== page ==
Network Analysis with igraph |
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This section introduces the igraph data model. It is recommended that the reader should be familiar with this model of computation to understand the semantics of the igraph functions better.

An igraph graph is either *directed* or
*undirected*, igraph cannot handle mixed graphs
with both directed and undirected edges.

The igraph data model is slightly different for directed and
undirected graphs, we start with the directed case. In igraph
vertices are identified by *vertex id*s: integer
number between zero and |V|-1, if |V| is the number of vertices in the
graph. Thus the numbering of vertex ids is always continual, all
igraph operations on graphs keep this important property.

Directed igraph edges are ordered pairs or vertex ids. A directed graph is an ordered multiset of directed edges and some additional meta data: the number of vertices in the graph and a boolean tag to mark the graph as directed. Here is an example of a directed igraph graph:

( vertices: 6, directed: yes, ( (0,2), (2,2), (2,3), (3,3), (3,4), (3,4), (4,1) ) )

Just like the vertices have vertex ids, igraph edges also have ids: edge ids are integer numbers between zero and |E|-1, |E| is the number of edges in the graph.

An undirected igraph edge is a two-element or one-element set of vertex ids. The two element set is a non-loop edge, ie. the edge connects different vertices, while loop edges are represented with a single-element set. An undirected graph is an ordered multiset of undirected edges, plus the usual meta data: the number of vertices and the fact that the graph is undirected. Here is an example for an undirected graph:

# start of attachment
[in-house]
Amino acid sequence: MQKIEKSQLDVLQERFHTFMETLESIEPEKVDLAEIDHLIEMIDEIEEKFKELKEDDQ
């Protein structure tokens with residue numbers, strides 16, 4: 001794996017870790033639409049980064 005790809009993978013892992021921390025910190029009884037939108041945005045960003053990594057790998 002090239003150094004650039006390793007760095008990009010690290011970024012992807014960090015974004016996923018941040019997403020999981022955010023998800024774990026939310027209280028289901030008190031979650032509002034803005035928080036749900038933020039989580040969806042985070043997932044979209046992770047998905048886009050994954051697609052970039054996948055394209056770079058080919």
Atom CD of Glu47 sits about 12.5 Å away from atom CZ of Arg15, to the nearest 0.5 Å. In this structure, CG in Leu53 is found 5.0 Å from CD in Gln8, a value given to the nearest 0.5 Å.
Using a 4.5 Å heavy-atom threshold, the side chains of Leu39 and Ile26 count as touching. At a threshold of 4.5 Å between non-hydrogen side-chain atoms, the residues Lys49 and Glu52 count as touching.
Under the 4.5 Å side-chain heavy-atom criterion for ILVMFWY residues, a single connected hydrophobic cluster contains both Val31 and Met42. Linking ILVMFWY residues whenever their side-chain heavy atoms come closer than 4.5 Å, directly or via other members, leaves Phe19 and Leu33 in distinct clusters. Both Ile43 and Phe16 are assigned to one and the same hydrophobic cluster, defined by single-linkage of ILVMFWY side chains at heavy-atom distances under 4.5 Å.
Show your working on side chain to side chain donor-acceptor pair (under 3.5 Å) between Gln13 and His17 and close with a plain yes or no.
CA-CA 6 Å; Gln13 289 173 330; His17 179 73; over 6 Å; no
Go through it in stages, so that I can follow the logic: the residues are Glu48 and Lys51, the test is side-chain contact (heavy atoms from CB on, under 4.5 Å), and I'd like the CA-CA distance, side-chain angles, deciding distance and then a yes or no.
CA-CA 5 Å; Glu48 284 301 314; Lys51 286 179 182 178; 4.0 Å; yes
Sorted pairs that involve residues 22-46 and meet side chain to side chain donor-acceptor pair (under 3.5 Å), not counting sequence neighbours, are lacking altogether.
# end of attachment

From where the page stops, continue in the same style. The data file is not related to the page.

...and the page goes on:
( vertices: 6, directed: no, ( {0,2}, {2}, {2,3}, {3}, {3,4}, {3,4}, {4,1} ) )

This graph contains both loop edges ({2} and {3}, ie. (2-2) and (3-3)) and multiple edges ({3,4} twice).

We give some simple examples on how this data model is used in
computations. The first example is the
`are.connected()`

function, this decides whether two
vertices are connected by an edge. Lets assume that G1 and G2 are the
graphs from the previous two sections, G1 is the directed, G2 the
undirected graph. Now if we check with
`are.connected()`

whether vertices 0 and 2 are
connectedin G1, the function searches for the (0,2) *directed
pair*, and since it finds it it returns positive result. If the
same search is performed on G2, the function searches for the {0,2}
set and the result is, again, positive. Now it is perhaps obvious by
now that if we suppply the vertices in the opposite order, ie. 2 and 0
then in G1 the (2,0) ordered pair is requested, so the answer is
negative. For G2 {0,2}={2,0} is searched again, the answer is still
positive.

Another simple example is the `neighbors()`

command,
this can be used to find the neighboring vertices of a
vertex. `neighbors()`

(like many other functions in
igraph) has a parameter called * mode*. This
parameter defines how the search is performed in directed graphs. Let
us assume that we are interested in the neighbors of vertex 3. If

`mode`

`out`

then the
graph's edge list (which is a multiset) is searched for elements
having 3 in the first position of the ordered pair and returns the
vertex ids in the second position in these elements. So the answer is
(3,4,4). Now if `mode`

`in`

then the role of the first and second positions is exchanged and
(2,3) is returned. The third possible value of
`mode`

`all`

, in this case
pairs having 3 at either at the first or second positions are searched
and the
The * mode* argument is always ignored when
dealing with undirected graphs, as these graphs store an edge as an
unordered pair (ie. a set). For example running

`neighbors()`

on graph G2 and vertex 3, the result is
(2,3,4,4).
Note that if we set * mode* to

`all`

on a directed graph that essentially means
that we use the corresponding undirected graph for calculation. Also
note that the corresponding undirected graph always have the same
number of edges as the directed counterpart, eg. if the directed graph
contains (3,4) and (4,3) these edges make two {3,4} edges in the
undirected graph.
Some igraph functions have a * mode* for other
purposes: eg.

`graph.tree()`

and
`graph.star()`

.
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